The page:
Keep in mind that these are just averages and may not be representative of every movement in the market. Typically the eight period will be choppy and wavy because it is only take the last eight periods of data, which does not give it chance to smooth out.
One way to utilize the moving average is to learn and understand mean reversion, which states that price or data will typically revert back to the mean. So if you see that price is far away from the moving average, this could be an indication that price is ready to pull back closer to the mean. You can set the moving average to whichever period works best, but for traders and people who are not looking for much in the way of the past, the right period moving average is plenty.
Another way the tool can help you out is if you are looking for trend in a stock or equity. If you see that price is below the moving average, it could be an indication that it is ready to bounce back, but this not a guarantee. Find ways to incorporate this with your current setup, as it may complement what you are doing already.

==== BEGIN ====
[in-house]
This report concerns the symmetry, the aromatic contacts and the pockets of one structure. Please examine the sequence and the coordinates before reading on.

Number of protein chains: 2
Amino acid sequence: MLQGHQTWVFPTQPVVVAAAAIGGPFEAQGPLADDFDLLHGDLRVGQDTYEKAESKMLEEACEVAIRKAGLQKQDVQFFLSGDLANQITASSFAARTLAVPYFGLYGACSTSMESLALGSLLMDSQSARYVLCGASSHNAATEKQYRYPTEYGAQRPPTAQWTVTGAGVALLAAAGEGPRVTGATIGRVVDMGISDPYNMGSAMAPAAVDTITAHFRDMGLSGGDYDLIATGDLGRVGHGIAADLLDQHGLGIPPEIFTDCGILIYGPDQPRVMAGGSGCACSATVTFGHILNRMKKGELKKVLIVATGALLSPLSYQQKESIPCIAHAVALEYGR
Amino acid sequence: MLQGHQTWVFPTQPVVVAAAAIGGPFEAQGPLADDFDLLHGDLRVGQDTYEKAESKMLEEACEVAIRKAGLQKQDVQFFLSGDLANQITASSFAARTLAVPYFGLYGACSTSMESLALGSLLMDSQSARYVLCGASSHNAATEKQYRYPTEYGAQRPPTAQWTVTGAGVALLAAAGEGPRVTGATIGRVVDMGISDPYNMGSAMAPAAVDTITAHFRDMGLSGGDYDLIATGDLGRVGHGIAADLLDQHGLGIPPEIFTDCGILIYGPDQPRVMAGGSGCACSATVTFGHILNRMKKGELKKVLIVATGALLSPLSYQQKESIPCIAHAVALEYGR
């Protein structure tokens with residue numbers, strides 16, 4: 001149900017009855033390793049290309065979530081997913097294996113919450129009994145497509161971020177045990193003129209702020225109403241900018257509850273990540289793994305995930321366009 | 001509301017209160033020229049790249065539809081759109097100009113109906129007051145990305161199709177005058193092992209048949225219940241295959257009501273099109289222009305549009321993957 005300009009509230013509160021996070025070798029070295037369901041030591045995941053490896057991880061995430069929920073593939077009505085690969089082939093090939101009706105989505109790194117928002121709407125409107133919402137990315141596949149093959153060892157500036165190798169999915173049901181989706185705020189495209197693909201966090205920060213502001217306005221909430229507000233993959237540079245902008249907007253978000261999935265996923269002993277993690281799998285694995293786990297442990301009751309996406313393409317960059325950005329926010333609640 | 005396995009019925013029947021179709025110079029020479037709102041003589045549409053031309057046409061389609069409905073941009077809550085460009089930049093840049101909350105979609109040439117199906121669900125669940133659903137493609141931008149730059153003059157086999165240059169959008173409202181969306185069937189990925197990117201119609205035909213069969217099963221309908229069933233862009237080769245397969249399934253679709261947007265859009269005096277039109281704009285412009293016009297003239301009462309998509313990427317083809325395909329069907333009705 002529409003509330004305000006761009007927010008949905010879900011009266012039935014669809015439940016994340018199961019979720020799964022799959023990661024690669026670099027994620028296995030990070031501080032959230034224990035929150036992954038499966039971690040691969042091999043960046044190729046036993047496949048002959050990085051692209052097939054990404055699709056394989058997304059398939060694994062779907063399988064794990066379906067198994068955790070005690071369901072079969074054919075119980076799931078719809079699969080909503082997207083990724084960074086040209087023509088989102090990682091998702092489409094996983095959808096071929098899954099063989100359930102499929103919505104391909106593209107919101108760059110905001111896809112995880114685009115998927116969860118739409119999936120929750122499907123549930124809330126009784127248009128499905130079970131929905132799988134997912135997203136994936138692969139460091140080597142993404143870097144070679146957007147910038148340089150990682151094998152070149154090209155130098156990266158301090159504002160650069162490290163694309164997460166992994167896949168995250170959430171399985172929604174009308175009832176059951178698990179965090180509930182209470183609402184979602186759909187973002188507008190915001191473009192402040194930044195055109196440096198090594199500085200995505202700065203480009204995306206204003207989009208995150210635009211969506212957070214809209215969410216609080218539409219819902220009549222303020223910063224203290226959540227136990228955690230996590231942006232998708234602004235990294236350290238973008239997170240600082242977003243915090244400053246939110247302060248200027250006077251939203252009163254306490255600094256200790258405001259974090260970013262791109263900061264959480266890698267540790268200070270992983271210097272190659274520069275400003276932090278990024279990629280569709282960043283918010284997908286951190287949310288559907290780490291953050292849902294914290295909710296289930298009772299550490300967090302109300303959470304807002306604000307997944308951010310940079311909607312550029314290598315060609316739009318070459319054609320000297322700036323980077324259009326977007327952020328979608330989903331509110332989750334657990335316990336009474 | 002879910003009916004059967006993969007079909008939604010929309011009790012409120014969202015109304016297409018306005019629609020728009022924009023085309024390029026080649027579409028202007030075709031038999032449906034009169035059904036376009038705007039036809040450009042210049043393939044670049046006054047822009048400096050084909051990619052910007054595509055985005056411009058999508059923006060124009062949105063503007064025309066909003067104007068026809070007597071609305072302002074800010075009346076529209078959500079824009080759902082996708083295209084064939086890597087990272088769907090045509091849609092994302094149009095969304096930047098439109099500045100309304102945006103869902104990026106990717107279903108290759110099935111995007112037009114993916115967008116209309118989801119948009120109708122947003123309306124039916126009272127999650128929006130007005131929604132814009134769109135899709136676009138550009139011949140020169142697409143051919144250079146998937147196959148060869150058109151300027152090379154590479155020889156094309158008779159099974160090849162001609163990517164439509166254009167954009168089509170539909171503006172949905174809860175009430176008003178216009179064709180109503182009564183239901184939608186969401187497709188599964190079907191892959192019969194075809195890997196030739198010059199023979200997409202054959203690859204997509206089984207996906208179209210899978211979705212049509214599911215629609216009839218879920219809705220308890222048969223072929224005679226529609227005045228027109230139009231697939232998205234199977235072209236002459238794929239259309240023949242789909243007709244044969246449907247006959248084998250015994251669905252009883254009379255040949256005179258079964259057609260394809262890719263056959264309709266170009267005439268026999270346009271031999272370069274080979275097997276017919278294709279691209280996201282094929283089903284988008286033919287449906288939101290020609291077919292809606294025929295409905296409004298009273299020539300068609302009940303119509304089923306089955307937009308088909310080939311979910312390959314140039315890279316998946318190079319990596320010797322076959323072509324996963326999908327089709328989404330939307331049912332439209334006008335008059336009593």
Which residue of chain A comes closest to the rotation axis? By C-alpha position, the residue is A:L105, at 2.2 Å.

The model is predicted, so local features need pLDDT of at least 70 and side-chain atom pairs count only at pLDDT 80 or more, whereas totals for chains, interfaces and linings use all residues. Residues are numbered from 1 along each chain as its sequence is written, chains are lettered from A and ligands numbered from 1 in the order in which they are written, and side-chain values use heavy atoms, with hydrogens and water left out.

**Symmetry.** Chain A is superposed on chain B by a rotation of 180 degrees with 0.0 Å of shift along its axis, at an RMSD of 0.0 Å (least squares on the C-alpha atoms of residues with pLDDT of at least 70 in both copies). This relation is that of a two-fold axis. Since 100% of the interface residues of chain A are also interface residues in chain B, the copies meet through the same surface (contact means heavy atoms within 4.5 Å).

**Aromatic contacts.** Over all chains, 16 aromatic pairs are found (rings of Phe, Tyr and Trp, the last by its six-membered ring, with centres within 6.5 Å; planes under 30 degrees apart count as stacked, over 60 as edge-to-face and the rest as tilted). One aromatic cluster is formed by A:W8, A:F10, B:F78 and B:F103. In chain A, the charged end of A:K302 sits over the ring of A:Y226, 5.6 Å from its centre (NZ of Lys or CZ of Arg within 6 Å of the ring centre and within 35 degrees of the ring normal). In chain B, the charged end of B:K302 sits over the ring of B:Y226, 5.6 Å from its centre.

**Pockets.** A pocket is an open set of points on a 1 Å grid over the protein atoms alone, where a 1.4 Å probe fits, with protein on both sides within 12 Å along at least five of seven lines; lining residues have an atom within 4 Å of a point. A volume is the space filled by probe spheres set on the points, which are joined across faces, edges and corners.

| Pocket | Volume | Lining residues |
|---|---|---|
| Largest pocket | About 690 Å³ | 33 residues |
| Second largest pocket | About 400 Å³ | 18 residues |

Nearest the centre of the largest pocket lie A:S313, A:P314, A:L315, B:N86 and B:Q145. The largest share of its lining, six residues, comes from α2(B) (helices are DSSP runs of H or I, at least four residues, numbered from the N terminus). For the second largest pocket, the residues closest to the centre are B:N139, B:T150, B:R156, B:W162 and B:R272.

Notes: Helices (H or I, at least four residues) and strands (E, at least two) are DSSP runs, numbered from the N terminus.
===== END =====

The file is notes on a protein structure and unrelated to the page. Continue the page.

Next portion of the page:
Typically, people use the 20, 50, and 200 period moving averages as these allow you to see every aspect of price and where it has been in the past. These again are not certain signs and indications of where price should be, because they do not take into account any fundamental data which is a large driving force behind price.
If you get stuck, reach out to an investing community and bounce ideas off of people and see how they react. Also, you can search the Internet as there is nearly unlimited amount of research and data about how to properly use this tool. Test it on a demo account first to understand how it works and you want lose money. All in all, this is a wonderful tool and could be a great addition to your charting.